A study on mortality and morbidity

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dc.contributor.advisor Nesson, Erik
dc.contributor.author Ratkus, Sean
dc.date.accessioned 2014-06-27T16:56:54Z
dc.date.available 2014-06-27T16:56:54Z
dc.date.created 2014-05
dc.date.issued 2014-05
dc.identifier.other A-353
dc.identifier.uri http://cardinalscholar.bsu.edu/handle/123456789/198373
dc.description.abstract Many people rely on the length and quality of life that our population experiences. Life insurance companies need accurate mortality predictions to estimate appropriate prices for policyholders. Politicians need to know how to improve the quality of life in their districts to better lobby for their constituents' interests. Even you and I both need to know what health factors can help us lead longer and happier lives. To understand what affects the length and quality of our lives, interest groups study the correlation between different health-related statistics. One such group is the Robert Wood Johnson Foundation, who seeks to improve the health and health care of all Americans ("About RWJF"). To do so, they publish a County Health Rankings & Roadmaps report each year with the University of Wisconsin Population Health Institute that ranks the health of each county in America based on a health outcome score. By doing so, this pairing hopes to solve health problems by creating healthier communities beyond the health care system ("About the Program"). The health outcome score mentioned is equally weighted between mortality (length of life) and morbidity (quality of life). To calculate it, data from three different variables is compiled: premature death, health-related quality of life, and birth outcomes. While these variables are important to determine the length and quality of life in our communities, I believe that others exist that can help us better predict our health outcomes. Fortunately, the County Health Rankings & Roadmaps also records data about many other county health factors. These include everything from the socio-economic status of the county, to the prevalence of sexually transmitted diseases or diabetes among its residents. All of this data though is not included in the calculation of the report's health outcomes scores. Therefore, 1 complete a regression on these health factors with the three variables that comprise the health outcome score to determine if any are correlated with mortality and morbidity. While my results will not conclude causation, I hope that they will spark conversation among health-oriented interest groups, and help the life insurance companies, the politicians, and you and I have a better understanding of our personal and community health. en_US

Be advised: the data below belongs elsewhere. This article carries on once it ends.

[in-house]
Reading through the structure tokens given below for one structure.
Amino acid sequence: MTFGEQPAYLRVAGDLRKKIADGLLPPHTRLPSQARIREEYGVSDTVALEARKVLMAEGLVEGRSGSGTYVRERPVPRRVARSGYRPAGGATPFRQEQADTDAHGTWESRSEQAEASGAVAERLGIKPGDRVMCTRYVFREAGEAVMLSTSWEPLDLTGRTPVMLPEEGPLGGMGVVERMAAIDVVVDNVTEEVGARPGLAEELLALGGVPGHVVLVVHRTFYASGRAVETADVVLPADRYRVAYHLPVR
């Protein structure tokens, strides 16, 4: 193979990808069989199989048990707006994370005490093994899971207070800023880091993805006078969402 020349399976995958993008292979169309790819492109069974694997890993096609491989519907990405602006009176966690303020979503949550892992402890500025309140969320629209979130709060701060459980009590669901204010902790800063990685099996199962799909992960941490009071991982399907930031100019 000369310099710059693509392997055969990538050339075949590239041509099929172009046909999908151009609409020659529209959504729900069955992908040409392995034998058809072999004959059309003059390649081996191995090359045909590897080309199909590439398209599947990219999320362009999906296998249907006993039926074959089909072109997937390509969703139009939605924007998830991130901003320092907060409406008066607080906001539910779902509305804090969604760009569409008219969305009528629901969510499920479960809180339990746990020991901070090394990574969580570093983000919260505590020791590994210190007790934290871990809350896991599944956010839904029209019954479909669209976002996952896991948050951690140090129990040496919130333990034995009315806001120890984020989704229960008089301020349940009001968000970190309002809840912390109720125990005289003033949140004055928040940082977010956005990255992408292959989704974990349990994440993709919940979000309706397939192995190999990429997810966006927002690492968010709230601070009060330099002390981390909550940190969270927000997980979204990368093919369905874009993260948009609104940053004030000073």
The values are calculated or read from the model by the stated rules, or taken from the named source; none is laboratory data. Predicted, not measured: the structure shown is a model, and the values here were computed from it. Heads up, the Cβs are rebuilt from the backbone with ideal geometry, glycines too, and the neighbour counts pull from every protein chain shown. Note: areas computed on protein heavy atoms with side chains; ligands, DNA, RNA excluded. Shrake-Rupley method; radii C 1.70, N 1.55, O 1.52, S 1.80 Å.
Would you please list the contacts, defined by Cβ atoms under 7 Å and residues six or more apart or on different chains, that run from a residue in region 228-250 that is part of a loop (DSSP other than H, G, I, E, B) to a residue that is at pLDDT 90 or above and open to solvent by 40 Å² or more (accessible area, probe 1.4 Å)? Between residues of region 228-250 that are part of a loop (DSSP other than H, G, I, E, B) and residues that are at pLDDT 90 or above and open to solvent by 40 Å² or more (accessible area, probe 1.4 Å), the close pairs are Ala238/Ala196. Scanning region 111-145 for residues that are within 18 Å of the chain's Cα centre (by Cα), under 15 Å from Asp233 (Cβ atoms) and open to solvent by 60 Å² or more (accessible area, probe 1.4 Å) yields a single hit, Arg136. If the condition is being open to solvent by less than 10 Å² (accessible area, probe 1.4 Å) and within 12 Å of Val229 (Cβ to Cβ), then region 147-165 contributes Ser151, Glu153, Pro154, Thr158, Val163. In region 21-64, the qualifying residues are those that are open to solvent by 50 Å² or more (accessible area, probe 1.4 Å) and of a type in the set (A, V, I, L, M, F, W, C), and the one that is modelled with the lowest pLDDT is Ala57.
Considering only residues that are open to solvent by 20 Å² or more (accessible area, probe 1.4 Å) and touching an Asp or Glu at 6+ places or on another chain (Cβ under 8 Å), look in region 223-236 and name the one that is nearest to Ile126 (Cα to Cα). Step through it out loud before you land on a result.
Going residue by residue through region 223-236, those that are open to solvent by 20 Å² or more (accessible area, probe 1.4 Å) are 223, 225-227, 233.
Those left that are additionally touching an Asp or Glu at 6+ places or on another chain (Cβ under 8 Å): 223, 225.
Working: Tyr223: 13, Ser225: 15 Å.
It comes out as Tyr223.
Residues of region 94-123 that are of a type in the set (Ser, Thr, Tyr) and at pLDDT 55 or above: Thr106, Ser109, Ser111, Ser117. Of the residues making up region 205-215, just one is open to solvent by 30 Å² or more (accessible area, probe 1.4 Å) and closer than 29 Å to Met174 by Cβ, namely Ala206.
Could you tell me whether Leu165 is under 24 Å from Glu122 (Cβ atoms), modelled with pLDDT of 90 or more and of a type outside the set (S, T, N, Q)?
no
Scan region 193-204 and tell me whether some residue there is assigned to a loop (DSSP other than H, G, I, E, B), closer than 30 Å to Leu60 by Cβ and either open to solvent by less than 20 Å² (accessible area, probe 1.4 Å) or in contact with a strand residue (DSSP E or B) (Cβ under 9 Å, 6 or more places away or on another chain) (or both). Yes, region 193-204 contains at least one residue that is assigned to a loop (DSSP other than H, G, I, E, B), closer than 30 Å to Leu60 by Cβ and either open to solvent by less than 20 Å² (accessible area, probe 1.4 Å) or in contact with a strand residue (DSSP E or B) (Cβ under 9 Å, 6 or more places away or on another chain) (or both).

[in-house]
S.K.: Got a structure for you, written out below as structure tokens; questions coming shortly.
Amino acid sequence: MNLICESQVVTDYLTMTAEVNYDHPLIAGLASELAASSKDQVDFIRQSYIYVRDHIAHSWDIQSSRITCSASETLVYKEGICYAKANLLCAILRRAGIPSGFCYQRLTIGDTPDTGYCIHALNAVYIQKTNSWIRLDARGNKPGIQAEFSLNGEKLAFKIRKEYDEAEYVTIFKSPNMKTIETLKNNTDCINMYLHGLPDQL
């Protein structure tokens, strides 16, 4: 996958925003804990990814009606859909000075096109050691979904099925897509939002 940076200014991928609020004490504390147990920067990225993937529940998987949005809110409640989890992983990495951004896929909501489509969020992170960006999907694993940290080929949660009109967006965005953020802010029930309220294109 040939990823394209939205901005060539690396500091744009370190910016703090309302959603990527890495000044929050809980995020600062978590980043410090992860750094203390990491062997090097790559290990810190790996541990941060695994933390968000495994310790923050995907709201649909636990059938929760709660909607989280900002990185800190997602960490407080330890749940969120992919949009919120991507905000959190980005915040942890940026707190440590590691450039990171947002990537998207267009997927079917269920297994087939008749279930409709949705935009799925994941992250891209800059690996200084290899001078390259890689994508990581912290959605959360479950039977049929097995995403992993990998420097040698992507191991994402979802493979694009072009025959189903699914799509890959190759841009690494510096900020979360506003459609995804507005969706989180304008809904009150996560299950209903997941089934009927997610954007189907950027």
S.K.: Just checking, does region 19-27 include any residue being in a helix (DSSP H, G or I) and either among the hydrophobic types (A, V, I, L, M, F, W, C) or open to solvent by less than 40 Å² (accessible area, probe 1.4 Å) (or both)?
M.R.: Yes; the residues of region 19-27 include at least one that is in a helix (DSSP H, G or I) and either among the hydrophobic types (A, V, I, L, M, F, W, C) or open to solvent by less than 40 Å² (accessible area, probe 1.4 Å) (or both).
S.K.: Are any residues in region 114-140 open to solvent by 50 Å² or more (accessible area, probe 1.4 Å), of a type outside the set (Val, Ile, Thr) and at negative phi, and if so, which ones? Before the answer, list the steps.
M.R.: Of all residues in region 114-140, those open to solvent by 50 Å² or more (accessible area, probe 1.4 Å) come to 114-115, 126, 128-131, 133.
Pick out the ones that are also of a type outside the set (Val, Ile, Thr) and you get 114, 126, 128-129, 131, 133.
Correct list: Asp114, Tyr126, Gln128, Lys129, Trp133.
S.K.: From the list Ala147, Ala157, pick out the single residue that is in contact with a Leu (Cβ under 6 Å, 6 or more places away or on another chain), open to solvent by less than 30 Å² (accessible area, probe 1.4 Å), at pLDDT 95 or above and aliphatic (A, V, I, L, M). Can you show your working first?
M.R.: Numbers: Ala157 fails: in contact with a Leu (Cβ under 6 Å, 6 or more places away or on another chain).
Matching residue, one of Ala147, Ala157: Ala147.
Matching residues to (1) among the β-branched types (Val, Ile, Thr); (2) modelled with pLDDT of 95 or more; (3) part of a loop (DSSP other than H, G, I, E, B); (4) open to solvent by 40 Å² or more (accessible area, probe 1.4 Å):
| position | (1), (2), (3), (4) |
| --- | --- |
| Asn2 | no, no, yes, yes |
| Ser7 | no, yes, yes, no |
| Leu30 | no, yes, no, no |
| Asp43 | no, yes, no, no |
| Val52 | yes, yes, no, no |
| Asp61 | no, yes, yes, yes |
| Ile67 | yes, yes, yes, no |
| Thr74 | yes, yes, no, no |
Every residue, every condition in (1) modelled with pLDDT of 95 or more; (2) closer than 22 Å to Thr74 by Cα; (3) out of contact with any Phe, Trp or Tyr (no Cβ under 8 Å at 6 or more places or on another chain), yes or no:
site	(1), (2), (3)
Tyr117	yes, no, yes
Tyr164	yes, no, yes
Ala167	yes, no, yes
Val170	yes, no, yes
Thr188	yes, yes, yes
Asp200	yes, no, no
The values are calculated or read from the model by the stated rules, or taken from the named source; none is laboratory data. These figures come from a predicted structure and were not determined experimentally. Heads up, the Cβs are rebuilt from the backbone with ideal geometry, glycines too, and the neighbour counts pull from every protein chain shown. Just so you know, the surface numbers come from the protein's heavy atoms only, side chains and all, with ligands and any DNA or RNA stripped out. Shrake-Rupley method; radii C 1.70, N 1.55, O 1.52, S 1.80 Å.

dc.description.sponsorship Honors College en_US
dc.subject.lcsh Economics.
dc.title A study on mortality and morbidity en_US
dc.type Undergraduate senior honors thesis.
dc.description.degree Thesis (B.?) en_US
dc.identifier.cardcat-url http://liblink.bsu.edu/catkey/1744496

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  • Undergraduate Honors Theses [5928]
    Honors theses submitted to the Honors College by Ball State University undergraduate students in partial fulfillment of degree requirements.

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